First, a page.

Travel Time Ratio

A formula to consider while planning your trip. Take the Total Days of Trip and deduct the Travel Days of Trip to gain and understanding of the Net Days of Trip available to enjoy the travel. Now divide the Net Days of Trip by the number of places you plan to stay. SO lets examine a proposed trip itinerary I just saw on RS: 14 total days for trip Arrive Paris Go to Alps (left undefined at to what village in the Alps) Go to Provence Go to Barcelona Depart Barcelona 14 days minus two travel days = 12 net days (arrival and departure) Paris, Alps, Provence, Barcelona = 4 destinations 1/2 day travel from Paris to Alps, Alps to Provence, Provence to Barcelona = 1.5 days travel 12 net days minus 1.5 additional travel days = 10.5 net days
10.5 days divided by 4 destinations = 2.65 travel ratio As a rule of thumb we strive to stay at a 3:1 travel ratio. This ratio allows for an enjoyable pace optimizing the ability to meet people rather than just seeing "things". Note: while folks may respond they believe they can travel "efficiently" to maximize their days I ask consideration of the impact of stress associated with the travel (avoiding delays, settling into new accommodations, adapting to new destination). I share this perspective due to the common question of "How many places can be jammed into a trip?" Safe Travels! Steven

Posted by Ed
Pensacola
7954 posts

What if one destination only requires sixteen minutes? Would you have to convert this whole process to minutes or could you just use fractional hours? What about destinations that aren't that far apart? Most importantly, Is there an App?

Posted by Rose
NYC
922 posts

So using the sample itinerary in your post, what advice would you give to the traveler to modify it to achieve the more optimal 3:1 ratio. A statistical approach is useful if it can actually be applied to real circumstances.

Posted by pat
victoria, Canada
7820 posts

Well Steve the math gave me a headache, but I do get the gist of your point. I personally like a minimum of 3 nights in a place to get a full two days there..one night stops to me are transit stops,,you may get an hour or two in late day to wander around ,and while 2 night stops are much better its still only one full day in a destination. We 'moved" 7 times on our trip last year ,in 26 days. We found that too much and its the most I have ever done ,, usually keep it to once or twice in 5-6 days. I guess everyone has their way of doing it though. I just feel if a place is only worth visiting for one day only ( 2 nights) I may have to consider eliminating it from itinerary as most great places ( to me) should be worth at least 2-3 days of visiting.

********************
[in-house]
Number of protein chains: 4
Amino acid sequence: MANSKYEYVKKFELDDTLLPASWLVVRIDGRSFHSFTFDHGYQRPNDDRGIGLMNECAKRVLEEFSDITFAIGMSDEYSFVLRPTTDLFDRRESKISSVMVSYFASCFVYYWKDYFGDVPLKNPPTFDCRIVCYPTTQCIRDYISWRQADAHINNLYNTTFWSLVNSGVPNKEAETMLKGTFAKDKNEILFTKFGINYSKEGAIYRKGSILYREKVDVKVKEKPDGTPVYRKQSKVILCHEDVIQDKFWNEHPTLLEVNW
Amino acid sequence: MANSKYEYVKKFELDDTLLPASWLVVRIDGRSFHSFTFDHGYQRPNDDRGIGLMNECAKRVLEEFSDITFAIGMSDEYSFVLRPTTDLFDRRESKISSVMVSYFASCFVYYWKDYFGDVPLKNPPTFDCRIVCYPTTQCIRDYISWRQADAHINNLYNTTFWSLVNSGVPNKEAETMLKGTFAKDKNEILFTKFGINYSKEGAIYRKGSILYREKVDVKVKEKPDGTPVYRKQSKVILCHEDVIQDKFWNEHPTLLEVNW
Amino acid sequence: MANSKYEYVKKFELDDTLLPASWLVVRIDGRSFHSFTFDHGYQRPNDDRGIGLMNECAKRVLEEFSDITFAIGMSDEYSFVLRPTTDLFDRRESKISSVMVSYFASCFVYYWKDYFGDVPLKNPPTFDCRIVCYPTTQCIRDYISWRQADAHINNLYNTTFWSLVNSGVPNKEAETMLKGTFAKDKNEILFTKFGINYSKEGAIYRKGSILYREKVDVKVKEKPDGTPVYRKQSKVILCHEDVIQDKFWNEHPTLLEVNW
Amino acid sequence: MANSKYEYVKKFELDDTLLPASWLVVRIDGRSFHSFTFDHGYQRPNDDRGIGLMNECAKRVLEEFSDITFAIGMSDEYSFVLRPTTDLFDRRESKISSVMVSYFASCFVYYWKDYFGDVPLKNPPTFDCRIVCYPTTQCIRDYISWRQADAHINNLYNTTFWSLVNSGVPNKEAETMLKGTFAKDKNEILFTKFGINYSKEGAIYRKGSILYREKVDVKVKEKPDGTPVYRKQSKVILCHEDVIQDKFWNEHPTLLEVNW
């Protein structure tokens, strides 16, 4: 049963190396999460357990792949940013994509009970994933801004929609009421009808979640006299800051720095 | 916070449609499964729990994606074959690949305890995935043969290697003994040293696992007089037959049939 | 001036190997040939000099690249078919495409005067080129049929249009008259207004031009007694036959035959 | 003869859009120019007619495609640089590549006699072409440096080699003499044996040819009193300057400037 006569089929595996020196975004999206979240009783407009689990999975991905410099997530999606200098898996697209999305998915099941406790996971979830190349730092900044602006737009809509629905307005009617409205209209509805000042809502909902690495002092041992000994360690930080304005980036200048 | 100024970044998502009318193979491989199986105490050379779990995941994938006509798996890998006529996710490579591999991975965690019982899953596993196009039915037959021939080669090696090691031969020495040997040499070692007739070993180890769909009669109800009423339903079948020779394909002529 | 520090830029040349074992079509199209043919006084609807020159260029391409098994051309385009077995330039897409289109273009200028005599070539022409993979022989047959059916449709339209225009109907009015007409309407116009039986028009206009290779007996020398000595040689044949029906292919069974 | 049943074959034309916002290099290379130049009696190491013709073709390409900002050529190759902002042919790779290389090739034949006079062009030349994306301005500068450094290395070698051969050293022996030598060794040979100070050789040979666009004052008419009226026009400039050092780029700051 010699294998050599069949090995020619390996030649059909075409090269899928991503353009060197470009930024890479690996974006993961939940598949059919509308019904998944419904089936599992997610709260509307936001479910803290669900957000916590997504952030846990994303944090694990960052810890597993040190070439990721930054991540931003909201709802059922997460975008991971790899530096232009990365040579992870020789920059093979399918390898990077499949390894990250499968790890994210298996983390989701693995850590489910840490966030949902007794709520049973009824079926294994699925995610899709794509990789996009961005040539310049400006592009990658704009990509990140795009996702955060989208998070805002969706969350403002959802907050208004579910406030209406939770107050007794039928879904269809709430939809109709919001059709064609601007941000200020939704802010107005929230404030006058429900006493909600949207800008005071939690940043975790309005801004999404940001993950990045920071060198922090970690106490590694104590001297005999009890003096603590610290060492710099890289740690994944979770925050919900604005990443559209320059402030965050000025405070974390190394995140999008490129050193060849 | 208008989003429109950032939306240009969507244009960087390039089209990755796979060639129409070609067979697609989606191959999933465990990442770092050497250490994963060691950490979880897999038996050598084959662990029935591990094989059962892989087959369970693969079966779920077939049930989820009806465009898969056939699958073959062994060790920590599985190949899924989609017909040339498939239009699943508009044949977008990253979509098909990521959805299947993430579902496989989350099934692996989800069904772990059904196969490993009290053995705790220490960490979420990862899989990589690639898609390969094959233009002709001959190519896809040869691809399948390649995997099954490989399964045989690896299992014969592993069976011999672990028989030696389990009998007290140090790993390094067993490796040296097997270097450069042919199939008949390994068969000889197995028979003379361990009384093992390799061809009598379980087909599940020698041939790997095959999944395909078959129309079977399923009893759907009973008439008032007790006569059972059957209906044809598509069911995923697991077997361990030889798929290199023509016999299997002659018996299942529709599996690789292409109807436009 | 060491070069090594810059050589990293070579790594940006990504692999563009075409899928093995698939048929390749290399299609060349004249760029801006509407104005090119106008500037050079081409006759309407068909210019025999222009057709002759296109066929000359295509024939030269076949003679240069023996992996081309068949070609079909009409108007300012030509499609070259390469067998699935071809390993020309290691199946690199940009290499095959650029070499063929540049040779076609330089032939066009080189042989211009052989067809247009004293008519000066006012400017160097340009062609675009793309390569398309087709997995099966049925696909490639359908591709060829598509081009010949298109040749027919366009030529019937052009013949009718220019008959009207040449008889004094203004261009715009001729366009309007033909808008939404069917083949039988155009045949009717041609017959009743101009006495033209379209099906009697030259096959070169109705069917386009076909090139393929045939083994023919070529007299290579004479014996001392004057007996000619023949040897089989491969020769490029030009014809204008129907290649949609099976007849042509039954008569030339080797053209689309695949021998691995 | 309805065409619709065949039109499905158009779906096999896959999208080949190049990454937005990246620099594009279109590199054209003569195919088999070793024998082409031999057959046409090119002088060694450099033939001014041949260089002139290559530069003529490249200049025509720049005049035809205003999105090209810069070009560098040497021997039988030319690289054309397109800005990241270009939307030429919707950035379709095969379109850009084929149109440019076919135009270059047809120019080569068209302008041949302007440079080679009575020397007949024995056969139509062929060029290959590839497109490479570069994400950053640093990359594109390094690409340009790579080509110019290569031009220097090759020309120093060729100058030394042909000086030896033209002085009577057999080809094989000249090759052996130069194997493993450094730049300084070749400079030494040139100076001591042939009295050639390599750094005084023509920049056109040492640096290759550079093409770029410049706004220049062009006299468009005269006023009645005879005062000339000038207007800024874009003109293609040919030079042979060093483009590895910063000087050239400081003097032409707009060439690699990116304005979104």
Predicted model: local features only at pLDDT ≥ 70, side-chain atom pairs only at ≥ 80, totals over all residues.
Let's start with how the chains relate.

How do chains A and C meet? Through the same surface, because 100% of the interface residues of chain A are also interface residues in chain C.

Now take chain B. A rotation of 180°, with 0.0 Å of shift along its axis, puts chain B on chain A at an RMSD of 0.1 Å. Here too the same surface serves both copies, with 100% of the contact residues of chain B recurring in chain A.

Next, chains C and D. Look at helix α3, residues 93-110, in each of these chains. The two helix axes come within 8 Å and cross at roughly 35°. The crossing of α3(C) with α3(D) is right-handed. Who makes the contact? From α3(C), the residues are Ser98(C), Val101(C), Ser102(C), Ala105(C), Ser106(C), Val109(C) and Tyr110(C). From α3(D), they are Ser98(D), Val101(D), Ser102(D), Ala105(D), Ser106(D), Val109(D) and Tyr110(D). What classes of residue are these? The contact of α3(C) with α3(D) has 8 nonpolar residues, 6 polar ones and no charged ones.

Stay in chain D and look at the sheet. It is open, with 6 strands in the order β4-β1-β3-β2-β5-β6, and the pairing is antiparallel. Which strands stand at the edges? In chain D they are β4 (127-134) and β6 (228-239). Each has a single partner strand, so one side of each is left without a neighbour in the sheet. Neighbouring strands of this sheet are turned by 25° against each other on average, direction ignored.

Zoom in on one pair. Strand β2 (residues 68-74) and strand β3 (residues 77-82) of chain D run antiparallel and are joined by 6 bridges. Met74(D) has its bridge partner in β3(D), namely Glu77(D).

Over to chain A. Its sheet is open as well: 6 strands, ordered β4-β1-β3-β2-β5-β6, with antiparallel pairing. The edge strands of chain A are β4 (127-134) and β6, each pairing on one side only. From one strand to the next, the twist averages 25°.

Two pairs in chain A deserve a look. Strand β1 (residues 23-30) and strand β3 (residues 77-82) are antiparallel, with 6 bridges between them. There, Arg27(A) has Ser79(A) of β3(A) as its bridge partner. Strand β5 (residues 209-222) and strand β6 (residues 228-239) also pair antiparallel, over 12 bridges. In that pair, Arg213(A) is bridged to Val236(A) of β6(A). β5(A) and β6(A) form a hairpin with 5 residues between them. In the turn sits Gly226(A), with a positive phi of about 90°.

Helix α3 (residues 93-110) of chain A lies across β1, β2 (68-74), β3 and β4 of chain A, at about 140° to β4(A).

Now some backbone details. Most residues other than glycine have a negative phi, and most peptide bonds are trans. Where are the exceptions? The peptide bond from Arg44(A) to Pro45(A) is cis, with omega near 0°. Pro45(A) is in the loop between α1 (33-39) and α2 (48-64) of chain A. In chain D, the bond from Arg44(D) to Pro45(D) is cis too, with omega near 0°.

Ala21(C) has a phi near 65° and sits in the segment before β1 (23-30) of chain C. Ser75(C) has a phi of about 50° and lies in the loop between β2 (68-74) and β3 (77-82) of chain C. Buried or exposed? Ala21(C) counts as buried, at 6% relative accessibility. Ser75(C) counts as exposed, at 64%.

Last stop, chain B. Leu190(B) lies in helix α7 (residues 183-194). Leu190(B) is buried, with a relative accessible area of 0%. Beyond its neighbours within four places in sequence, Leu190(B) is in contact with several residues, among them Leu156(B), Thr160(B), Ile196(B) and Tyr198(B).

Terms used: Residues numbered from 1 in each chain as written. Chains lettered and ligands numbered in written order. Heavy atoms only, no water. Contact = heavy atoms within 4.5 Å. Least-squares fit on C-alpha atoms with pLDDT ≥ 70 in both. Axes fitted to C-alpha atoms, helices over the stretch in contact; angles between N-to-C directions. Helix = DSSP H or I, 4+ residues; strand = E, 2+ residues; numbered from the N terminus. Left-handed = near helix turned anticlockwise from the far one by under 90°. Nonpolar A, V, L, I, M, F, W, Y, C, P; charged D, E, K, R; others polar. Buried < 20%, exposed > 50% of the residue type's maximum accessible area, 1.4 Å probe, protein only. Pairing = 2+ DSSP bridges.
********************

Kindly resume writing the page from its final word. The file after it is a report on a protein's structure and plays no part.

Posted by Marbleskies
USA
277 posts

No, I am not kidding. This is a discussion about destinations requiring an overnight stay (so the 15 minute comment is irrelevant). It is meant to be a method to help people understand how to judge the value of spending their time while on the trip. Using a three night ratio has helped us prioritize what we desire to see, but more importantly; using a "ratio" makes us think about how much time we are leaving ourselves to invest in meeting people.
You either get it or you don't.

Posted by Marbleskies
USA
277 posts

My daughter is a senior Boilermaker. I am from another school based on logic........Texas A&M.
Thanks!

Posted by Eileen
Texan in CA
3577 posts

WHOOP! Gig 'em, Aggies!!! Therefore, whatever Steven says IS the truth ;-) So basically, 3-1, and pay attention to your travel days. For those having trouble with the math - don't panic, just read the entire problem once through, then re-read it and solve it. Just like school...

Posted by Marbleskies
USA
277 posts

To make matters worse, I just barely passed "cowboy math". But nice to see you get the concept. I raised the subject cuz it is the most common mistake to plan point A to B to C without consideration of providing time to interact and create an enjoyable experience. Safe Travels!

Posted by Sarah
Stuttgart, Germany
2012 posts

I think this is a good guideline, as a guideline - not a rule. There are some places that travelers are determined to see (Rothenburg odT, Venice, etc) that for MOST travelers are great for an overnight but are total overkill for 3 nights. There are also some people who enjoy the transportation aspect of the trip, particularly the train nerds, so they're not neccessarily going to see ALL transit time as a total write-off. But I agree with the general principle. I'd say 90% of the time I travel, I wish more for time at my destination, not less.

Posted by Marbleskies
USA
277 posts

Completely agree with you. Striving to help folks to view themselves as being a "sponge" able to soak up wonderful people experiences versus the need to "check off" places they have seen. "Just add time" and great wonderful memories can be made by engaging with folks. I just had someone ask me if one night was enough for Paris....... from a first time visitor. What many travelers do not recognize is many cities (large and small) offer a great evening/night time experience which should be valued as much as the time spent during the day seeing sights.

Posted by Rose
NYC
922 posts

I just had someone ask me if one night was enough for Paris.... I sometimes wonder if people who ask this kind of question are from small towns and have never been to NYC, Chicago, Los Angeles, etc. Do they really have no concept of a large city with a widespread and complex infrastructure? Or maybe they're just so focused on wanting to 'see' as much as possible in the short amount of time they have for a trip that logic kind-of goes a bit out the window.

Posted by Marbleskies
USA
277 posts

The question, often asked with different cities as the subject, has come from a variety of locations. This one was from Chicago. I believe part of the issue is the pavlovian response many people are lead to believe is required for "enjoying travel". The characteristics include: - need to maximize the return on expense investment by "seeing" as much as possible - need to maximize the limited amount of vacation time by "going to" as many places as possible - need to be able to say "Been there, done that", either to friends, family or themselves - overly concerned with "security" in terms of willingness to stay out late or venture into unknown environments - a concern this might be a once in a lifetime experience so EVERYTHING has to be "tasted/touched"